‘From a code-breaker to a code-breaker’
During the Second World War, the success of the work at Bletchley Park was in many ways down to teamwork. Everyone had a role to play, some large, some small, but all vital in helping to build the ‘big picture’.
It was with this in mind that GCHQ members of staff were inspired to give their time and effort to produce a GCHQ quilt that will be on display at Bletchley Park
from 25-26th February 2012.
Called ‘From a Code-breaker to a Code-breaker’, to reflect the close bonds and the shared history between GCHQ in Cheltenham, and Bletchley Park near Milton Keynes, this 70” (1.77800 metres) wide by 90” (2.28600 metres) long quilt consists of forty-seven individual patches, each representing a different aspect of the GCHQ story, from the work of those great people at Bletchley Park who were the forerunners of today’s GCHQ, through to the multimedia and internet world that we inhabit today. The end result of all these individual pieces of work is a kaleidoscope of colour and topics all merged into one large visually stunning quilt.
The GCHQ quilt was the brainchild of Jenny, who was inspired to draw all the talents currently available at GCHQ together by the plans at Bletchley Park for a Quilting Exhibition.
“As a member of the Quilter’s Guild I read in their magazine in early 2011 that there was going to be a quilt exhibition at Bletchley Park called ‘Secret Messages’ in Feb 2012– knowing that there were several other quilters at GCHQ, I thought it would be great to enter a quilt from GCHQ, particularly given that 2012 is the 100th Anniversary of Alan Turing's birth. When I publicised the event internally and asked for volunteers who could make a square at home, I was overwhelmed to get responses from all over the Department.”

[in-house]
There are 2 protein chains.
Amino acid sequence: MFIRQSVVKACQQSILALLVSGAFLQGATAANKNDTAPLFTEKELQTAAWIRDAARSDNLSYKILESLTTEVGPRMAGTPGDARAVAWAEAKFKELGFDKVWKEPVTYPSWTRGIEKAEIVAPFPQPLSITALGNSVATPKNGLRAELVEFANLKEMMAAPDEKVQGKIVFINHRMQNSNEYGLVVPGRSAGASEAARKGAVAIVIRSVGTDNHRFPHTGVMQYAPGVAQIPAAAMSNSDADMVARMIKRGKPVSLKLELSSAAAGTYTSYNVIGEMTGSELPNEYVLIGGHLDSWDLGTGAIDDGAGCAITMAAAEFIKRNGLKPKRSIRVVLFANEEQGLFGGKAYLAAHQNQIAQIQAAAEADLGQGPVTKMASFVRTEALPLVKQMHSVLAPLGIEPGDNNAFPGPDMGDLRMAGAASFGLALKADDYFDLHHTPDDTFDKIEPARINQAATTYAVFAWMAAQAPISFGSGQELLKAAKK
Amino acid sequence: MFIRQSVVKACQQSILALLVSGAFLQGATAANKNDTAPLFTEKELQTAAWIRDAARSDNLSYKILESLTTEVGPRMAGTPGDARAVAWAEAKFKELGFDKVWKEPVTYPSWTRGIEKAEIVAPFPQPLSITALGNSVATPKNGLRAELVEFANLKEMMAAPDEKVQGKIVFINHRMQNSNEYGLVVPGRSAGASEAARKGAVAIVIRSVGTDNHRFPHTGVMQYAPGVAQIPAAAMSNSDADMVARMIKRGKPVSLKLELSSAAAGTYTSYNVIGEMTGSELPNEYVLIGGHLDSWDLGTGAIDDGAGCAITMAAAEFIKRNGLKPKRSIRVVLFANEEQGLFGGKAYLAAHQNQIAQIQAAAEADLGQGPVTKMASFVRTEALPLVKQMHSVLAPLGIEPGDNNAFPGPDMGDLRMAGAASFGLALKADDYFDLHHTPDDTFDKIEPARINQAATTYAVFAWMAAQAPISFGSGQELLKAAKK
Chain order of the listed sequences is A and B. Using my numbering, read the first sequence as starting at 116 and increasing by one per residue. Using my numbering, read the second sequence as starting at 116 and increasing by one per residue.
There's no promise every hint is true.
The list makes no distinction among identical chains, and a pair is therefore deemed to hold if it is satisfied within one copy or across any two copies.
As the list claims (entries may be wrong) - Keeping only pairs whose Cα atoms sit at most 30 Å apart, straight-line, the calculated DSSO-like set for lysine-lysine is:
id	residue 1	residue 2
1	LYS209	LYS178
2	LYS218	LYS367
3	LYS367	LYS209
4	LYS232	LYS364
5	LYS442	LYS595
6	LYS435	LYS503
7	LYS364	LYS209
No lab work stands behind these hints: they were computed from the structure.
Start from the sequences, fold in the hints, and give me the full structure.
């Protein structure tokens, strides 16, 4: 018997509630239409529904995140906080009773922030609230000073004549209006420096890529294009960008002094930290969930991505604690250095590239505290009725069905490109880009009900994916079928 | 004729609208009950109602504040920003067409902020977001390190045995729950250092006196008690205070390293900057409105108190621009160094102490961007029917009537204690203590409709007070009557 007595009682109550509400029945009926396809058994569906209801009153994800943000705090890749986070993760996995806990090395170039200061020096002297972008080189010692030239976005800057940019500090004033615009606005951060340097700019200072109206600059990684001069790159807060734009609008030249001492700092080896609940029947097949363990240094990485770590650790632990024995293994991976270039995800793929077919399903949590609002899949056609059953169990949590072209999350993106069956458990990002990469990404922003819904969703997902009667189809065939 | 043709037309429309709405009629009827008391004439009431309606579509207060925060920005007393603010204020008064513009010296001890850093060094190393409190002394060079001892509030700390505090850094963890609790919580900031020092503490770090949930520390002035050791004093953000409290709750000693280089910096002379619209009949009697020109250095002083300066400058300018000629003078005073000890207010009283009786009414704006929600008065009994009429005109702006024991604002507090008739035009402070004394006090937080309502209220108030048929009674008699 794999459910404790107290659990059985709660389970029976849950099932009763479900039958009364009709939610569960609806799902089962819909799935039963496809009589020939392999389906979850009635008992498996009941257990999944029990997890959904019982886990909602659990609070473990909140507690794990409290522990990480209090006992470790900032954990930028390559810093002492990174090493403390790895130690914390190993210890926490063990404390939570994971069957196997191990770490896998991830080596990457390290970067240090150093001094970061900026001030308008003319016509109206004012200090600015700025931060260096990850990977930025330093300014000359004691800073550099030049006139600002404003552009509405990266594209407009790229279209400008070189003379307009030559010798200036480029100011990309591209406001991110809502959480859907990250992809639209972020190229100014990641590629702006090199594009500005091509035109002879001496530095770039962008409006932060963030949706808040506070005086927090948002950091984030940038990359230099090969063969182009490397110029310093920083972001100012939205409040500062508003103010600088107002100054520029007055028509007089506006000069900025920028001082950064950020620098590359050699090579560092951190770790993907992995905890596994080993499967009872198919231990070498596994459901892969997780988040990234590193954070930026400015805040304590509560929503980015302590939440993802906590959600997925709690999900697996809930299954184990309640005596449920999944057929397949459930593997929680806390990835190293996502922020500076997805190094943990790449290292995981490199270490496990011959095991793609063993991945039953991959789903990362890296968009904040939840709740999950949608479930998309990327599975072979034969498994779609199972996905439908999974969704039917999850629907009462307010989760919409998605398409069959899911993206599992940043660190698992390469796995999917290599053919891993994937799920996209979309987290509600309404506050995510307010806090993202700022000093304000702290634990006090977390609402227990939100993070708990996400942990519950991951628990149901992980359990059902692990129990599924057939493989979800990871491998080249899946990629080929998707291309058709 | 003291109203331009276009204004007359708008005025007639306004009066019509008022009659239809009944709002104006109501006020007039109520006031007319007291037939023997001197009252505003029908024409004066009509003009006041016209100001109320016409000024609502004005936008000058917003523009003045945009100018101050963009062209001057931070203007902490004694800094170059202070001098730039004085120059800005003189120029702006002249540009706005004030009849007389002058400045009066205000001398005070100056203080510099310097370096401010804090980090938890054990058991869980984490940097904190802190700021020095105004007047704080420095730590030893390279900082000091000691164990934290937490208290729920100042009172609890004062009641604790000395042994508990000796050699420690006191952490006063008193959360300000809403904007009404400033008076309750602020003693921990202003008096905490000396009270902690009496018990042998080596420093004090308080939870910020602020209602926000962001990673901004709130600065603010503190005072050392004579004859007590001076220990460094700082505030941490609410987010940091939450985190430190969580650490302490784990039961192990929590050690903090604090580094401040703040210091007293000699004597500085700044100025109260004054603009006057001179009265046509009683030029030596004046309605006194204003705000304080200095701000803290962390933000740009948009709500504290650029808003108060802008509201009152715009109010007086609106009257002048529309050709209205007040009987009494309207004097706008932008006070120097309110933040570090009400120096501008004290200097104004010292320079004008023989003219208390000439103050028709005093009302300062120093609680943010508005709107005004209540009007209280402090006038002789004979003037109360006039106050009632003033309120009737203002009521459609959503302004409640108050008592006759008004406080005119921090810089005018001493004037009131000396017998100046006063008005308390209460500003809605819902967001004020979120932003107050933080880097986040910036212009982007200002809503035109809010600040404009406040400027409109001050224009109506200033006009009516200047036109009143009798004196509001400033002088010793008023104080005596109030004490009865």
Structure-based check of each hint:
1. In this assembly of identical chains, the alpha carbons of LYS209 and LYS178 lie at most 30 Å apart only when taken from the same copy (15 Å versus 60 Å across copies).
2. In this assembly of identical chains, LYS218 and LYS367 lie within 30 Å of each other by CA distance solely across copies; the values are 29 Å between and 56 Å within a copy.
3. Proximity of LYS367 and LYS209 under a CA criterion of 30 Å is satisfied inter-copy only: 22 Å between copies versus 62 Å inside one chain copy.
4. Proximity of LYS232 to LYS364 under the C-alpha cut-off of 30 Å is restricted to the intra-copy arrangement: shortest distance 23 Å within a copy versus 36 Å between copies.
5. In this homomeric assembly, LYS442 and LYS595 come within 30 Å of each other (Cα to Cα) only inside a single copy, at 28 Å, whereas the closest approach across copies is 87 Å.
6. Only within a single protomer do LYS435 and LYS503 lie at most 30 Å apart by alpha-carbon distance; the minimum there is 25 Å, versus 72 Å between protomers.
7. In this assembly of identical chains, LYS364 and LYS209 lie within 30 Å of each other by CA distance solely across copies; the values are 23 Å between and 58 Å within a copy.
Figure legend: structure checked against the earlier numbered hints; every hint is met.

The volunteers came from all areas of GCHQ, one of whom was Georgina who created the ‘Modern Communication’ patch (White column – patch number 5)
“My design was intended to be a representation of modern communication rather than a true likeness, so I allowed for some artistic license. In all, I spent three evenings, non- stop stitching, having left it all a little late by forgetting to take it on holiday with me!”
So what do the contributors think of the finished product? Another contributor, Jan who created the ‘Alan Turing statue’ patch (Red column – patch number 3) says,
“It was a lot of fun and there’s a great sense of pride and satisfaction when you look at what a wonderful thing we all produced. Individually the squares looked lovely; as a whole, it was breathtaking”.
The quilting won’t be ending with the Bletchley Park event as some members of staff will be helping out in the Quilt4London project which is aiming to make a quilted or embroidered pennant for every athlete participating in the London 2012 Olympic Games. Longer term, the quilt will be given pride of place in the Doughnut.